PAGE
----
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Miska, the most notorious cat in King County, lawyers up

Miska has allegedly been terrorizing her Bellevue neighborhood for years. (KIRO 7 photo)

Trespassing, unlawful imprisonment, deportation — the case of Miska the tabby cat seems to have it all. The Bellevue cat has racked up dozens of infractions, thousands in fines, and even some hard time, according to her rap sheet that would make Dillinger blush.

Now’s she at the heart of a lawsuit, waged by her owner, which contends that Regional Animal Services of King County has unfairly targeted poor little 10-year-old Miska (about 50 in human years, give or take a couple years).

“This is pretty wild, because plenty of cats are outside and are allegedly trespassing in Bellevue, but none have been treated, or mistreated, in a way that Miska has,” said Seattle attorney Jon Zimmerman, who is representing the cat and her owner, Anna Danieli. “Over 50 or so violations have been issued to allegedly trespassing cats. More than 30 have been issued to Miska.”

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“Miska is very intelligent, but I haven’t given her any reading tests. If she could talk, she would categorically deny all the charges.”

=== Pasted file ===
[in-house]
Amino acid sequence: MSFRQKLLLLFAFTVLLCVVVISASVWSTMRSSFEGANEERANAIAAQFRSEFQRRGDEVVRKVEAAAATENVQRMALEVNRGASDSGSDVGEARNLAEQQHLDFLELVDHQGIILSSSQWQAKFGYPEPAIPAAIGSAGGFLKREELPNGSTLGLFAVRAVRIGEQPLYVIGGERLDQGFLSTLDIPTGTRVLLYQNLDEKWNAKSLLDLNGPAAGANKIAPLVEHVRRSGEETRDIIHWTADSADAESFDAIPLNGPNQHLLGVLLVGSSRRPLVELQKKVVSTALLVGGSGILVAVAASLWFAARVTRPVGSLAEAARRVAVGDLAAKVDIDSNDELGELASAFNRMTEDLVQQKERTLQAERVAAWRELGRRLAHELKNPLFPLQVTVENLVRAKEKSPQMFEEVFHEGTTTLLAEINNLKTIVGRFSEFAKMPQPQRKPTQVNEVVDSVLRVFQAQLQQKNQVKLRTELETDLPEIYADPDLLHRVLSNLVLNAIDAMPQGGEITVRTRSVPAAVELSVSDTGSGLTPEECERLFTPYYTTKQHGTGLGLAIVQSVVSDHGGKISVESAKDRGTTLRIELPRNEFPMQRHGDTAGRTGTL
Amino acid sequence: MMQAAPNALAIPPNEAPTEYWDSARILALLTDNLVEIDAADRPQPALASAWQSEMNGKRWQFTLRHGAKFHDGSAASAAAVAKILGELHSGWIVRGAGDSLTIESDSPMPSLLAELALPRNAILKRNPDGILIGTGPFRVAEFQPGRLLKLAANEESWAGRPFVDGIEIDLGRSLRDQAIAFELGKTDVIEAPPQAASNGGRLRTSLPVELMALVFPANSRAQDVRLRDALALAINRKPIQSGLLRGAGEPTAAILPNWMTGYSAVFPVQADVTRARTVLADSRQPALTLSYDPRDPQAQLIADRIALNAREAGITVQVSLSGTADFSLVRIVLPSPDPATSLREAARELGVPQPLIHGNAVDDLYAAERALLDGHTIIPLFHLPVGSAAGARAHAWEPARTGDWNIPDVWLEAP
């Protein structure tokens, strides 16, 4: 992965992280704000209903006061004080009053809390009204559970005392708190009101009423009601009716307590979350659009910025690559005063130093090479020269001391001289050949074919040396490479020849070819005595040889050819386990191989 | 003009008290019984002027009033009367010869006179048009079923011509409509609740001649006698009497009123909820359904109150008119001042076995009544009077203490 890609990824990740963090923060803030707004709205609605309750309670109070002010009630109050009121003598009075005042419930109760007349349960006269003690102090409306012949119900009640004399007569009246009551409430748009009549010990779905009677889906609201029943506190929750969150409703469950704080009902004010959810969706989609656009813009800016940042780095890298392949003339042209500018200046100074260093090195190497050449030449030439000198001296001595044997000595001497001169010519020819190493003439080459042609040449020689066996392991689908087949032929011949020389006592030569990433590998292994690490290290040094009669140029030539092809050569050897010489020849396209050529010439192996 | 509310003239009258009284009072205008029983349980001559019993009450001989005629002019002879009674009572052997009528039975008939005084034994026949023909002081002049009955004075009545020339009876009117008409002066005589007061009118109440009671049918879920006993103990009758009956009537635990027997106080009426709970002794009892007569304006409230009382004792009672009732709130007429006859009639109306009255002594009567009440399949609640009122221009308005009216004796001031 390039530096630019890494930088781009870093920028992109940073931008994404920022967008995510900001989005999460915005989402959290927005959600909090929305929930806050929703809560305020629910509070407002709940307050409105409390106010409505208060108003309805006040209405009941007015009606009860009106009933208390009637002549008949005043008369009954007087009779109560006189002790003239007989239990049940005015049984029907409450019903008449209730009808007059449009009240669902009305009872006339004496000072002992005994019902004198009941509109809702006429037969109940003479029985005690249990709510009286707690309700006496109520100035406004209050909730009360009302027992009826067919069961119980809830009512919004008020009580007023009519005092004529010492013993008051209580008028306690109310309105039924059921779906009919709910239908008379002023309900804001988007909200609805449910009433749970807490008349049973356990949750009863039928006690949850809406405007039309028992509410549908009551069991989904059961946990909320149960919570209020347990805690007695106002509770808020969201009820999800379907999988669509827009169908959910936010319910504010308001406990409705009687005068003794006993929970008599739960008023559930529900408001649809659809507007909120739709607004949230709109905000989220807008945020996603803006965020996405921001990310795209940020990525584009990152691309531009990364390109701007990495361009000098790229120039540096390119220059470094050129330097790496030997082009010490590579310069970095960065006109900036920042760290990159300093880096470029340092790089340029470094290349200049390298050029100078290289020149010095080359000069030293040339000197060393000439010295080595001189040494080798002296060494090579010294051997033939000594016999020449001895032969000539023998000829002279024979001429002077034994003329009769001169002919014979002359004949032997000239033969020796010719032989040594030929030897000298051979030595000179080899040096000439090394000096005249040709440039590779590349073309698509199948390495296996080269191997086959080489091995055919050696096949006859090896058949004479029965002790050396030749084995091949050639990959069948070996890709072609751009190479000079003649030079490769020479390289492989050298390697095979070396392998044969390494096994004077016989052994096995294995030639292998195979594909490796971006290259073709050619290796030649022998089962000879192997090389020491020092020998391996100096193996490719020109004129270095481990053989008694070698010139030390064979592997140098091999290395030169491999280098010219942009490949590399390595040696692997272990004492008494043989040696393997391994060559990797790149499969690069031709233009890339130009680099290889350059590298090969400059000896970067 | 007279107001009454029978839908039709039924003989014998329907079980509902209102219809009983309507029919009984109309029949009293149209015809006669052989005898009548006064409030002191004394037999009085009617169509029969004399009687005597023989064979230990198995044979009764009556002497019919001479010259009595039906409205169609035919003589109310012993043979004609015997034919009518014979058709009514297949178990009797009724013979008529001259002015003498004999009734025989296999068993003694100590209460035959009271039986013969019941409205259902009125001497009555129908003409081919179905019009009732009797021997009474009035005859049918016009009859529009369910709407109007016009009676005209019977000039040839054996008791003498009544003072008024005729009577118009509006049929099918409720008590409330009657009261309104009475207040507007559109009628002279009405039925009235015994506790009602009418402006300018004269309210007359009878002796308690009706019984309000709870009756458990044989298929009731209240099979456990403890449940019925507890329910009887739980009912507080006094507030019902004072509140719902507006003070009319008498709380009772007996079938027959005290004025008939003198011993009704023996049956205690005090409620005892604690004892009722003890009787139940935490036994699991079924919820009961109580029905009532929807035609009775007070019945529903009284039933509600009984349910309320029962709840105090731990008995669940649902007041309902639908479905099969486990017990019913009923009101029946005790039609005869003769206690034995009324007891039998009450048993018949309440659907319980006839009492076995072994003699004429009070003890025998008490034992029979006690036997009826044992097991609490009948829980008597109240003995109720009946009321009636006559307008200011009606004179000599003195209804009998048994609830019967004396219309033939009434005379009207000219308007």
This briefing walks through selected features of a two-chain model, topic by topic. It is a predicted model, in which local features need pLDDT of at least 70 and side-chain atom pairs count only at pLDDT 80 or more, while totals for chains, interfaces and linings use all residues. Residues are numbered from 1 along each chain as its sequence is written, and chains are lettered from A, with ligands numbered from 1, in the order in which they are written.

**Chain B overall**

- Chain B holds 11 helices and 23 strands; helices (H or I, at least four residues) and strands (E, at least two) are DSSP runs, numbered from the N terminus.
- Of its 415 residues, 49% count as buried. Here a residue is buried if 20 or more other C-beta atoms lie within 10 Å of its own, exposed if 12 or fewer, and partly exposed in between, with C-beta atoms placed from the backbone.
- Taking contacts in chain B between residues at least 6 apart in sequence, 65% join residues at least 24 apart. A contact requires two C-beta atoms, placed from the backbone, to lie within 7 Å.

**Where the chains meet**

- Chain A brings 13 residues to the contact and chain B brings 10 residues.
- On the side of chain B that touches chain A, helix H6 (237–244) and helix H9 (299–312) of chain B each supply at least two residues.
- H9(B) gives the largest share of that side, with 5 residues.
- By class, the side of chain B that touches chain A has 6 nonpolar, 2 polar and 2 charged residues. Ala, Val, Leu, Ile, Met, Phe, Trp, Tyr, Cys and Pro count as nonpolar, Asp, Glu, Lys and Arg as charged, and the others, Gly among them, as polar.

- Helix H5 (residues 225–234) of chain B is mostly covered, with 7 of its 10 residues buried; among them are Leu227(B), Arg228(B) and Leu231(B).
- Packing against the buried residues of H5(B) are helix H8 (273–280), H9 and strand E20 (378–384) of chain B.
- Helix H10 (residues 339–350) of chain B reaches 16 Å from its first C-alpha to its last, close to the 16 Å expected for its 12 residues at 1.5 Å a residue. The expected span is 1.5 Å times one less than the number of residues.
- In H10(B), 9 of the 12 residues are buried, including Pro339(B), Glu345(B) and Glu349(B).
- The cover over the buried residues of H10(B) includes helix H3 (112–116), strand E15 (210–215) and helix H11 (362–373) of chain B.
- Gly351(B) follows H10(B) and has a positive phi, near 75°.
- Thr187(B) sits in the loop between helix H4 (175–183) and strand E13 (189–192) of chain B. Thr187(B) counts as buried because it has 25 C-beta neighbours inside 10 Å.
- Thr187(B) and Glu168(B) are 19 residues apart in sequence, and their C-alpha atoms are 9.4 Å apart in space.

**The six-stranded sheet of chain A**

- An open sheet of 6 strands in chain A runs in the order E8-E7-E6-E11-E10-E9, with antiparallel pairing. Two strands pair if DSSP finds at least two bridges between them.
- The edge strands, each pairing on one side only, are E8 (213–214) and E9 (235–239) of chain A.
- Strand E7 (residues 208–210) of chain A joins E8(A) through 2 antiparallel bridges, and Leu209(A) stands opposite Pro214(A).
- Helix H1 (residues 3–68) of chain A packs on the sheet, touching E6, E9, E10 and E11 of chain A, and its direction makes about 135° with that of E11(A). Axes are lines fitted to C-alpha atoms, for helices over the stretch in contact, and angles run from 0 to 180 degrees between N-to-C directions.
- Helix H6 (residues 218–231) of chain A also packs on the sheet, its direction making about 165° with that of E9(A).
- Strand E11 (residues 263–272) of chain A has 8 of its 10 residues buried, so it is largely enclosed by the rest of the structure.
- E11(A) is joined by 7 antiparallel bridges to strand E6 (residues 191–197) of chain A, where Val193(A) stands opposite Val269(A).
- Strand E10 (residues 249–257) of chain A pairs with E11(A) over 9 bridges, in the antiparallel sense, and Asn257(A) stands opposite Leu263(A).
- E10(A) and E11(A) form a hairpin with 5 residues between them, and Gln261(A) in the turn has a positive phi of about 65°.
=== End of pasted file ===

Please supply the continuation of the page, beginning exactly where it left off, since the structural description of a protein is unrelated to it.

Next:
Part of the lawsuit contends a conflict of interest, since one of the complainants lived a few blocks away from Bellevue cat, and also happened to the manager of King County’s animal control at the time. Miska was determined to be “viscous” and an order was signed by Manager Gene Mueller in 2014 to have the cat euthanized or deported from the county, reports KIRO 7.

While that order was vacated by King County Superior Court, animal control later trapped and took Miska to kitty jail. She was released after she made bail; in this case, kenneling fees paid by her owner.

The county has assigned at least four prosecutors to handle the Bellevue cat case, which is a bit baffling to Zimmerman.

“It is quite amazing that even trespassing humans don’t get as much prosecution in King County as Miska,” he joked. “I think she would have had a more fair hearing with King County had she had a jury of canines.”

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How is Miska handling all this? Not that’s it’s easy to tell with a cat, but Zimmerman says she’s managing.

“She’s really trying to enjoy the best years of her life,” he said. “She’s running around, she’s enjoying herself, and most of the time she does actually spend indoors, and she likes to sleep, and she likes to be petted, and she likes to be fed.”

“But she’s been very troubled by the fact that the county’s trying to whisk her away.”

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